The Kentucky-born son of a Baptist preacher, with an early tendency toward racial prejudice, Supreme Court Justice Wiley Rutledge (1894-1949) became one
of the Court’s leading liberal activists and an early supporter of racial equality, free speech, and church-state separation. Drawing on more than
160 interviews, John M. Ferren provides a valuable analysis of Rutledge’s life and judicial decisionmaking and offers the most comprehensive explanation
to date for the Supreme Court nominations of Rutledge, Felix Frankfurter, and William O. Douglas.
Rutledge was known for his compassion and fairness. He opposed discrimination based on gender and poverty and pressed for expanded rights to counsel,
due process, and federal review of state criminal convictions.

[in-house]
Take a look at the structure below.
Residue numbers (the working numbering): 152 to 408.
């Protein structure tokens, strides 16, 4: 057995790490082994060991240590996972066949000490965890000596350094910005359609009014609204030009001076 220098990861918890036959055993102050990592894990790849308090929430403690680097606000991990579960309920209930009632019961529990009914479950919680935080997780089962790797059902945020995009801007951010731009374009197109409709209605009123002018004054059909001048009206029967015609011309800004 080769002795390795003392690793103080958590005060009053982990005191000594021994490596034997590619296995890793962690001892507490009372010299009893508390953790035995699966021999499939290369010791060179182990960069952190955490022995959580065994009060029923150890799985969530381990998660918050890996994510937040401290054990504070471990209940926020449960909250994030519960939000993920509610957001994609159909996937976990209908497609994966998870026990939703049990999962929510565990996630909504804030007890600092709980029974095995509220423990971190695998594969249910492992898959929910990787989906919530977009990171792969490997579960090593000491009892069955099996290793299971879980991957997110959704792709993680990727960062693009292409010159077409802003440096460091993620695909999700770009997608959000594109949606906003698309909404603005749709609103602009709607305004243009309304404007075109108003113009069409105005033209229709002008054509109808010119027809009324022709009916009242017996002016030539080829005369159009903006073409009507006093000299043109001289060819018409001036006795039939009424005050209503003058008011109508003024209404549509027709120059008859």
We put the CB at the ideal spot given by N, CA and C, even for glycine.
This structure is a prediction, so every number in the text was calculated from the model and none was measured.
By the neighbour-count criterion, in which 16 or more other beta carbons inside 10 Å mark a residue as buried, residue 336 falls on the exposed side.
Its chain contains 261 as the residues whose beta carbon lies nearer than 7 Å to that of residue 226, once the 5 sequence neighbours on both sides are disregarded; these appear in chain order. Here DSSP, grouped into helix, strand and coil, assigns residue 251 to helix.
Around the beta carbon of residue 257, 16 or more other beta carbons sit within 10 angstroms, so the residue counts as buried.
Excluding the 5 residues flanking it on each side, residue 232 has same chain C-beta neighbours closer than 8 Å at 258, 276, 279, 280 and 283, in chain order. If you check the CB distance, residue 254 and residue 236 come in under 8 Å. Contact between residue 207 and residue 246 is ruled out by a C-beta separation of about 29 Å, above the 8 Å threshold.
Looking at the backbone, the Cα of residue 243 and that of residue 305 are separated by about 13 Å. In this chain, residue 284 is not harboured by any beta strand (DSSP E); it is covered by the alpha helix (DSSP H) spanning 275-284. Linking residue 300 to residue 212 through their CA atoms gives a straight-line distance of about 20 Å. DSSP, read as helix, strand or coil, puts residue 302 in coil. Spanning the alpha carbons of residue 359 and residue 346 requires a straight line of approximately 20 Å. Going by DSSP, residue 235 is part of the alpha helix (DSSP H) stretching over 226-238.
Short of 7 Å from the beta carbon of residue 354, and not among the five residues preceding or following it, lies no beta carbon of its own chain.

During his brief tenure on the Court (he died following a stroke at age fifty-five), he contributed significantly to enhancing civil liberties and
the rights of naturalized citizens and criminal defendants, became the Court’s most coherent expositor of the commerce clause, and dissented powerfully
from military commission convictions of Japanese generals after World War II. Through an examination of Rutledge’s life, Ferren highlights the
development of American common law and legal education, the growth of the legal profession and related institutions, and the evolution of the American
court system, including the politics of judicial selection.